I visited a pub the other day that was recently up for auction but had been sold prior to that auction. Now this pub had been built about 1872 and for most of its life had been owned by local brewers Phillips of Newport and, later on by Courage who had bought Phillips. I can remember it as a busy Courage pub, selling a lot of beer, 17-20 18-gallon kils of beer a week, that was just cask beer, not including the lagers or cider. Ever since it was owned by a pub company the decline started though, the beer range changed, with resulting loss of custom, money was not spent on the upkeep of the building etc and the place just got worse. Luckily a new company has bought the pub and leased it to an old hand in the pub business. A refurbishment is ongoing at the moment and I recently visited the pub and had a chance to see the building site of the front bar. The entire bar length has had to be scrapped, along with the floorboards as these have proven to be rotten - the problem was the drainage pipes behind the bar had been leaking for years and this had led to both the wooden bar and floorboards being eaten away by rot. Now I've seen some premises in poor conditions over the years but this was definitely one of the worst. How a succession of managers and the Pub Company never noticed these problems and allowed them to get out of hand is beyond me? Do Pubcos even care about the state of their premises? From what I saw I doubt it.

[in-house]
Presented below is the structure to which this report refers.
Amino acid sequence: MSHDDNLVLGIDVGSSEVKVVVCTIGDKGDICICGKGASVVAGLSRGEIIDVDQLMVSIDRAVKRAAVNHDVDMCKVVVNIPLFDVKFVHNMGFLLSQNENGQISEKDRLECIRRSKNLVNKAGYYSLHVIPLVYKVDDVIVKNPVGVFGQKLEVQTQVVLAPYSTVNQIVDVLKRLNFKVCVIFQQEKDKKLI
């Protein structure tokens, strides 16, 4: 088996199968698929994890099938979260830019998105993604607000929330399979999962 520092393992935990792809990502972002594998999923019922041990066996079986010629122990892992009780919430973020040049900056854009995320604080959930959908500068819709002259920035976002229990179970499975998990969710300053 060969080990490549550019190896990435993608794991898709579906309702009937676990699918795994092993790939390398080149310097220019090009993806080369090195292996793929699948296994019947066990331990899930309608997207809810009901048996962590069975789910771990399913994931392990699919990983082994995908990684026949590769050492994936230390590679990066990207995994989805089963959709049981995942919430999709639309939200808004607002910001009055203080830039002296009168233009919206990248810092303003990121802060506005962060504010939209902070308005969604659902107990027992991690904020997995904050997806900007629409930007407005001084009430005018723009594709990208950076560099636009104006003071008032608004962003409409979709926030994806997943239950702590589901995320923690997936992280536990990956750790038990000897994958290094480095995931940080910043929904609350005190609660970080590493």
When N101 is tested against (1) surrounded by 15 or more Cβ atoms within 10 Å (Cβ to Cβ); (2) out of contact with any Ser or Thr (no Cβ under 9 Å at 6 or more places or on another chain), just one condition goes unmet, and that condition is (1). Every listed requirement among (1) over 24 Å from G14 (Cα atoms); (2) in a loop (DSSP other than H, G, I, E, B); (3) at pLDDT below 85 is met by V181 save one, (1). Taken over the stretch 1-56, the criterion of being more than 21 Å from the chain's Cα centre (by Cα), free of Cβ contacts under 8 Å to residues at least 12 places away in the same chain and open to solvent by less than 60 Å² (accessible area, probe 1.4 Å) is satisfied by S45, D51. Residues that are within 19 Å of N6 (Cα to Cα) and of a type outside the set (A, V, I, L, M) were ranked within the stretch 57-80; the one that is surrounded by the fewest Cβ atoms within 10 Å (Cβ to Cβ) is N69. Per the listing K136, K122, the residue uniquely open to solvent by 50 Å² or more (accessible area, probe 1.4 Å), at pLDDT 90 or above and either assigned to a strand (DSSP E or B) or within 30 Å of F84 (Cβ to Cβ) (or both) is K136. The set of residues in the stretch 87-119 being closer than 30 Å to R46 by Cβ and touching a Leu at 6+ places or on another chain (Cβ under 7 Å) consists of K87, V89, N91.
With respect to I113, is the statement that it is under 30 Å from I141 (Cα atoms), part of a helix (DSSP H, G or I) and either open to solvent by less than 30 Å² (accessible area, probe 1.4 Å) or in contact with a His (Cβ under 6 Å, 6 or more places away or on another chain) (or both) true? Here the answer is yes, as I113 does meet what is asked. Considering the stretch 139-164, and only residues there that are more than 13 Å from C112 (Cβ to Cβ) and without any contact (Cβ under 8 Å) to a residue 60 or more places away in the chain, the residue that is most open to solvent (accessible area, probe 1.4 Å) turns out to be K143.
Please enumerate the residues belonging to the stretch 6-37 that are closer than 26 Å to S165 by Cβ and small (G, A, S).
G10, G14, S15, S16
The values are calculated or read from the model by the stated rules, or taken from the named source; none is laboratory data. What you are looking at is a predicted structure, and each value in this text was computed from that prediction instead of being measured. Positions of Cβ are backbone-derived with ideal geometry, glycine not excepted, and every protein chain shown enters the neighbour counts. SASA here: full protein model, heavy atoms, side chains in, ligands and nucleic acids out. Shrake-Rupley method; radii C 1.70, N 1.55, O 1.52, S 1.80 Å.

On the bright side, the new owner has already installed a handpump in the bar in the backroom and will be opening the rest of the pub soon, it even has its own smoking solution in the form of an alleyway and back garden, a rarity in the centre of Newport. I'll do a more in depth review when the refurbishment is complete.